I DO NOT consider myself a hero. The real hero's come home with a flag draped coffin because they made the ultimate sacrifice. The other hero's I speak of are the families because they are left with picking up the pieces once we come home. I see that I have just rambled on and on here in this email, and for that I do apologize. 
 
Thank you again for the quilt and for the moral support it represents.

Respectfully,

Drew

Thursday, September 4, 2014

QOV For A Tank Commander

Charles Shepard, 92, who served in Italy as a tank commander in WWII and then in Korea before leaving the US Army, was recently awarded his QOV. 

Mr. Shepard, a West Virginia resident, was awarded his quilt by QOVF representative Gale Betterly of Ridgefield, OH (on the right).  His daughter, Sharon Cole, nominated him for the honor.   Fay Gandee, maker of the quilt is standing next to Mr. Shepard.  QOVF is honored and privileged to have made his day special.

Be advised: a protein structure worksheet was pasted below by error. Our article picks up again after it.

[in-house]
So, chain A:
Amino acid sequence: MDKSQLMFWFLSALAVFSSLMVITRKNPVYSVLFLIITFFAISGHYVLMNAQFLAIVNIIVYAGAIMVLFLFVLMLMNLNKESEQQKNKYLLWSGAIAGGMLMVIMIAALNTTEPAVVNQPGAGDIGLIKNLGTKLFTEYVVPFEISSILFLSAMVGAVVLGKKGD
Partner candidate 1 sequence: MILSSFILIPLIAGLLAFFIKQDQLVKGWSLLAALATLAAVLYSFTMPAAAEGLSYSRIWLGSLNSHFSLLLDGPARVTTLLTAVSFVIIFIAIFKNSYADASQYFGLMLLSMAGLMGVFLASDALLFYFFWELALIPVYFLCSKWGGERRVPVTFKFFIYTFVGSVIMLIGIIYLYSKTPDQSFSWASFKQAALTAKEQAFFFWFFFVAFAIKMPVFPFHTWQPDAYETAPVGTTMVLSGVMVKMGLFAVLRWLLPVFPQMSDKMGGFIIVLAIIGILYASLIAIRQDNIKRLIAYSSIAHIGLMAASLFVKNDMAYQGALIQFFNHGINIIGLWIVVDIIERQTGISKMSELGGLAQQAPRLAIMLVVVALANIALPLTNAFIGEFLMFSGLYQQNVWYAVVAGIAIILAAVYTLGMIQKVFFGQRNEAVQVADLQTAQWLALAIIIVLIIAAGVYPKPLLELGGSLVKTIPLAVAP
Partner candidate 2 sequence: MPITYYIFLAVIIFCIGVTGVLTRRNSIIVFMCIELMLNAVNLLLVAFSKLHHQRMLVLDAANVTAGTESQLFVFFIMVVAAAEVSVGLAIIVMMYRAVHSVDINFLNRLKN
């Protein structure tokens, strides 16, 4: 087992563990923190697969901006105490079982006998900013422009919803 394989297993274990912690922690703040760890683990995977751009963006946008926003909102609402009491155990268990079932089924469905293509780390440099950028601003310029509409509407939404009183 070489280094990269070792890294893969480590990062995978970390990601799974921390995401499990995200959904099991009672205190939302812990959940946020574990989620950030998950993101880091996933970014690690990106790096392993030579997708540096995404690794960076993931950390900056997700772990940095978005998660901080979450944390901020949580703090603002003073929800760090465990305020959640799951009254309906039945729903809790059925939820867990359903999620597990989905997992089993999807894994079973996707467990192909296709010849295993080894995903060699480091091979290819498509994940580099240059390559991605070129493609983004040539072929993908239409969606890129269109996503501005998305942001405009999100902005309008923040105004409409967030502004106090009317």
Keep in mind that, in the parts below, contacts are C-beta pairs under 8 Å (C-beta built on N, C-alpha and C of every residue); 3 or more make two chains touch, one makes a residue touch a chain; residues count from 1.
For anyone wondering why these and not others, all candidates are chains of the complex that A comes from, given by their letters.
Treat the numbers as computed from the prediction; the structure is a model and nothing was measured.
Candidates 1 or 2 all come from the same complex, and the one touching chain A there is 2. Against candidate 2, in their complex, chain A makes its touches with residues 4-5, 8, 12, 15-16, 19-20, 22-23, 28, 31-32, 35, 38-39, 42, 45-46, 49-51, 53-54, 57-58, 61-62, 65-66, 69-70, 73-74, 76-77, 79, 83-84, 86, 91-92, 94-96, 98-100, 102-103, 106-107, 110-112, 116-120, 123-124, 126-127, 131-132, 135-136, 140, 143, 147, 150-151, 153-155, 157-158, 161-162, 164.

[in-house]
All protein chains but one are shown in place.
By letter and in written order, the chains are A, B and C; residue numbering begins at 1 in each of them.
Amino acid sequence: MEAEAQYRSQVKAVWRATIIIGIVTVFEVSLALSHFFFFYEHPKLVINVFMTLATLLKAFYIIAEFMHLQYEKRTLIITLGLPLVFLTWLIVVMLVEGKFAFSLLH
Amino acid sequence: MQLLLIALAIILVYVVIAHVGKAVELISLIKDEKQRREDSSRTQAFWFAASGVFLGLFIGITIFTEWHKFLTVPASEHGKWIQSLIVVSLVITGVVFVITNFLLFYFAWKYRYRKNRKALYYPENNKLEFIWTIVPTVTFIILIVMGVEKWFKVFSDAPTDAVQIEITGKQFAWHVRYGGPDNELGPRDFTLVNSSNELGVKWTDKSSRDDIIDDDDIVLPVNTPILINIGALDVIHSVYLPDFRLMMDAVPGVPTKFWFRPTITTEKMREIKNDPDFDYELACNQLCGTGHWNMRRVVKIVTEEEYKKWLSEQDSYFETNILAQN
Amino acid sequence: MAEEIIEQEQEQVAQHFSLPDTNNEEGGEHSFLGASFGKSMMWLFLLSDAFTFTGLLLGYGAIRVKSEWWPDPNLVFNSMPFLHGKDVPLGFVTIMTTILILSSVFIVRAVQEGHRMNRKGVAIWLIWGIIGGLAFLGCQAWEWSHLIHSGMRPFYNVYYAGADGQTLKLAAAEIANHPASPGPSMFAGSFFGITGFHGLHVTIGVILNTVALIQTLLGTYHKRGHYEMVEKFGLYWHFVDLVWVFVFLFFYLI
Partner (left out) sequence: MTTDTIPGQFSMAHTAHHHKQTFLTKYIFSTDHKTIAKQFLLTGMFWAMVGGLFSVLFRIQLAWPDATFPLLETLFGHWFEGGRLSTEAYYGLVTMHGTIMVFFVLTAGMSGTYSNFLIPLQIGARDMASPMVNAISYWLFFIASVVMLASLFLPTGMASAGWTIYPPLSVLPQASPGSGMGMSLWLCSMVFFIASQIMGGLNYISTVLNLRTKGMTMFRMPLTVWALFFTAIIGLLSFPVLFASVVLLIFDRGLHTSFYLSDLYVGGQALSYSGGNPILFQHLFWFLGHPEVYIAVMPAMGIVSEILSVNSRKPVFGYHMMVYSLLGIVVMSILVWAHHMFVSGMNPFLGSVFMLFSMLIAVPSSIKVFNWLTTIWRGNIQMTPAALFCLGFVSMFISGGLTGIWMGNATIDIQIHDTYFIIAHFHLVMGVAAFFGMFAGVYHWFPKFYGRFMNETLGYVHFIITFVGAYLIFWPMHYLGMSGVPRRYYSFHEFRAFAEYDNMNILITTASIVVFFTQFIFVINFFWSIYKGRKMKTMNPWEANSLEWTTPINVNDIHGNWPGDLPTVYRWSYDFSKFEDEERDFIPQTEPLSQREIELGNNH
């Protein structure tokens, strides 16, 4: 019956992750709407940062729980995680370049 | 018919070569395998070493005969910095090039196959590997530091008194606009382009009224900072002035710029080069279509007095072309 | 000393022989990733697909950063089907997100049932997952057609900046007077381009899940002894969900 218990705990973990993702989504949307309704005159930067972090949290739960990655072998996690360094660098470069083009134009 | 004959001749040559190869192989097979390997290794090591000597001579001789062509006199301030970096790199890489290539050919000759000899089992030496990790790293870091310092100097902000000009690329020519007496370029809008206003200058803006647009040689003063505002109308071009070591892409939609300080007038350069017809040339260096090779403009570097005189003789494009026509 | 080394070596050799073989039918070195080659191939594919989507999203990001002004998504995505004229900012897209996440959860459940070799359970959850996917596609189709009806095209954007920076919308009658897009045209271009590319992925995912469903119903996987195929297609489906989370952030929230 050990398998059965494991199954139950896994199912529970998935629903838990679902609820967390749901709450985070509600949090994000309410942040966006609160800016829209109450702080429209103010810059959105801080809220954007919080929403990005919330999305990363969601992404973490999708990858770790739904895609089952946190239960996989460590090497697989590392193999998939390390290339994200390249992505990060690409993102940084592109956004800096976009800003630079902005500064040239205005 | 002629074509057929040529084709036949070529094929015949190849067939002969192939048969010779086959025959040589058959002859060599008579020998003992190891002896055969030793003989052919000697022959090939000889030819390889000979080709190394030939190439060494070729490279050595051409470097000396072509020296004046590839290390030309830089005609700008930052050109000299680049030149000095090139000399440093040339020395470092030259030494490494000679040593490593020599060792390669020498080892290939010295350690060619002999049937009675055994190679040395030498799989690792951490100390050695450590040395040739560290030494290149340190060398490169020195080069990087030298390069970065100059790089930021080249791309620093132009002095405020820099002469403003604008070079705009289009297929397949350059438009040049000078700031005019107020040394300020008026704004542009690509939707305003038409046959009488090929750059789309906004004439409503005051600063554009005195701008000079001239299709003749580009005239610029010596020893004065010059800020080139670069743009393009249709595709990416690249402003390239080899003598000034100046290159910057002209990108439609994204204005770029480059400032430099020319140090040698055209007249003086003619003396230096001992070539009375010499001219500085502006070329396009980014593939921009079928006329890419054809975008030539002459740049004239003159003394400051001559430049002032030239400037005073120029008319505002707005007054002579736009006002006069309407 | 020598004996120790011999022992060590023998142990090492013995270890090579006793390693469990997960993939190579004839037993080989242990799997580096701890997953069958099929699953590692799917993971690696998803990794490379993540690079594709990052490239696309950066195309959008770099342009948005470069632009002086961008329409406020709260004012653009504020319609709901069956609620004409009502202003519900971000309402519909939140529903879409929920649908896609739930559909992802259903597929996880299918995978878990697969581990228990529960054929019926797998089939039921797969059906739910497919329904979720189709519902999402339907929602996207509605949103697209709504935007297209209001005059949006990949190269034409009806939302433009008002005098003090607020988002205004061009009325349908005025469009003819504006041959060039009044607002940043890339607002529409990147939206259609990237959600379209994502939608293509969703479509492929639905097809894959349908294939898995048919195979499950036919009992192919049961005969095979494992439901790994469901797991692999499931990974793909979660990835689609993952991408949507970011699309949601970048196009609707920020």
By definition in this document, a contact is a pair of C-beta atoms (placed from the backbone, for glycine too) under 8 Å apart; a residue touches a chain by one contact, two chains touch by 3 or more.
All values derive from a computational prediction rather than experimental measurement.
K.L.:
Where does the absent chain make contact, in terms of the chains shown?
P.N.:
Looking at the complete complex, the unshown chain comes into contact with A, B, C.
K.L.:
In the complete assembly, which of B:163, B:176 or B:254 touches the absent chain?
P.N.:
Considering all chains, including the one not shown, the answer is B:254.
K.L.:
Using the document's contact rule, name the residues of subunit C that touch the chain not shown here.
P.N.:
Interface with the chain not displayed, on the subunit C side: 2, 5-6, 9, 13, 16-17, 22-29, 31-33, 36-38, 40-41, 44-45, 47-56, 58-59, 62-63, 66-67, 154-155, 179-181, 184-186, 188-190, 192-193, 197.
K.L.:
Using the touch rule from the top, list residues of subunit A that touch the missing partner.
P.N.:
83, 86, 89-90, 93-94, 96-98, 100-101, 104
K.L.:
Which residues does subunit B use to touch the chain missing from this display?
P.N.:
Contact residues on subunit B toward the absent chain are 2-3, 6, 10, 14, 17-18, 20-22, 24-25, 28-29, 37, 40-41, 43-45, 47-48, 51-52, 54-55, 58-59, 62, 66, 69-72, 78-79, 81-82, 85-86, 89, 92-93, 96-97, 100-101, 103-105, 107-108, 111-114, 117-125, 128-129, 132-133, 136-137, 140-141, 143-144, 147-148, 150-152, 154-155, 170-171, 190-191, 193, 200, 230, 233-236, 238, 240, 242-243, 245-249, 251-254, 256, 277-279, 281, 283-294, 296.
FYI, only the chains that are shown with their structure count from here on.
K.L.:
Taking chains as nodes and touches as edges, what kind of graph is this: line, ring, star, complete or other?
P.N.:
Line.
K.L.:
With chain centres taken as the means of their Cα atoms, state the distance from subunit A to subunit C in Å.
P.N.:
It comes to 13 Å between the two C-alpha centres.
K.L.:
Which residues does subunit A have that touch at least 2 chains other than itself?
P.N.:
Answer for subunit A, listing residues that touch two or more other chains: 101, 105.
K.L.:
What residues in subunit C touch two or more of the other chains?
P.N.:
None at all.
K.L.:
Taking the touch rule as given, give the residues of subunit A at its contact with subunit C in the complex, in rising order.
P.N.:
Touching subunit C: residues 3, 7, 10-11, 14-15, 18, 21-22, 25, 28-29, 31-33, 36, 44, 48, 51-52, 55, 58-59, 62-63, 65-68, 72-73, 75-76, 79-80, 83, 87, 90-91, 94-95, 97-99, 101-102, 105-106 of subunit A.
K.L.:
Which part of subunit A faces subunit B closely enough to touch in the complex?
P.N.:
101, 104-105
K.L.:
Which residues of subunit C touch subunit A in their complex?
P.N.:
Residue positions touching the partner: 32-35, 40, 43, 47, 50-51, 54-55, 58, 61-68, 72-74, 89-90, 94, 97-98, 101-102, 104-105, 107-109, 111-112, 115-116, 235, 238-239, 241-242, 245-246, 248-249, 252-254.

Friday, August 29, 2014

A Special Morning - QOV Award


Val Heim of Superior, NE repeated the phrase "this is a very special morning" upon receiving his Quilt of Valor.  University of Nebraska Extension Educators Phyllis Schoenholz and Jaci Milius along with Office Manager Jean Stichka awarded the quilt to the dignified 93 year World War II veteran.  The request for the quilt came from southwest Kansas to the National Quilts of Valor Foundation.

Also present for the award ceremony were Gene Frerichs, adjutant and Steve Meyer past commander of the Superior American Legion Post 103 where Val is a long time member.  Heim was very modest in accepting the quilt and stated "it took all of us, so many others gave up so much more."

The conversation between the American Legion friends highlighted that Val is the oldest living professional baseball player in the U.S.A.  Val's career with the Chicago White Sox was cut short when WWII broke out and he joined the Navy.  Heim stated that baseball was the national sport at that time and military service teams had many major league players on their teams ­ which provided needed entertainment for troops of all branches of the service.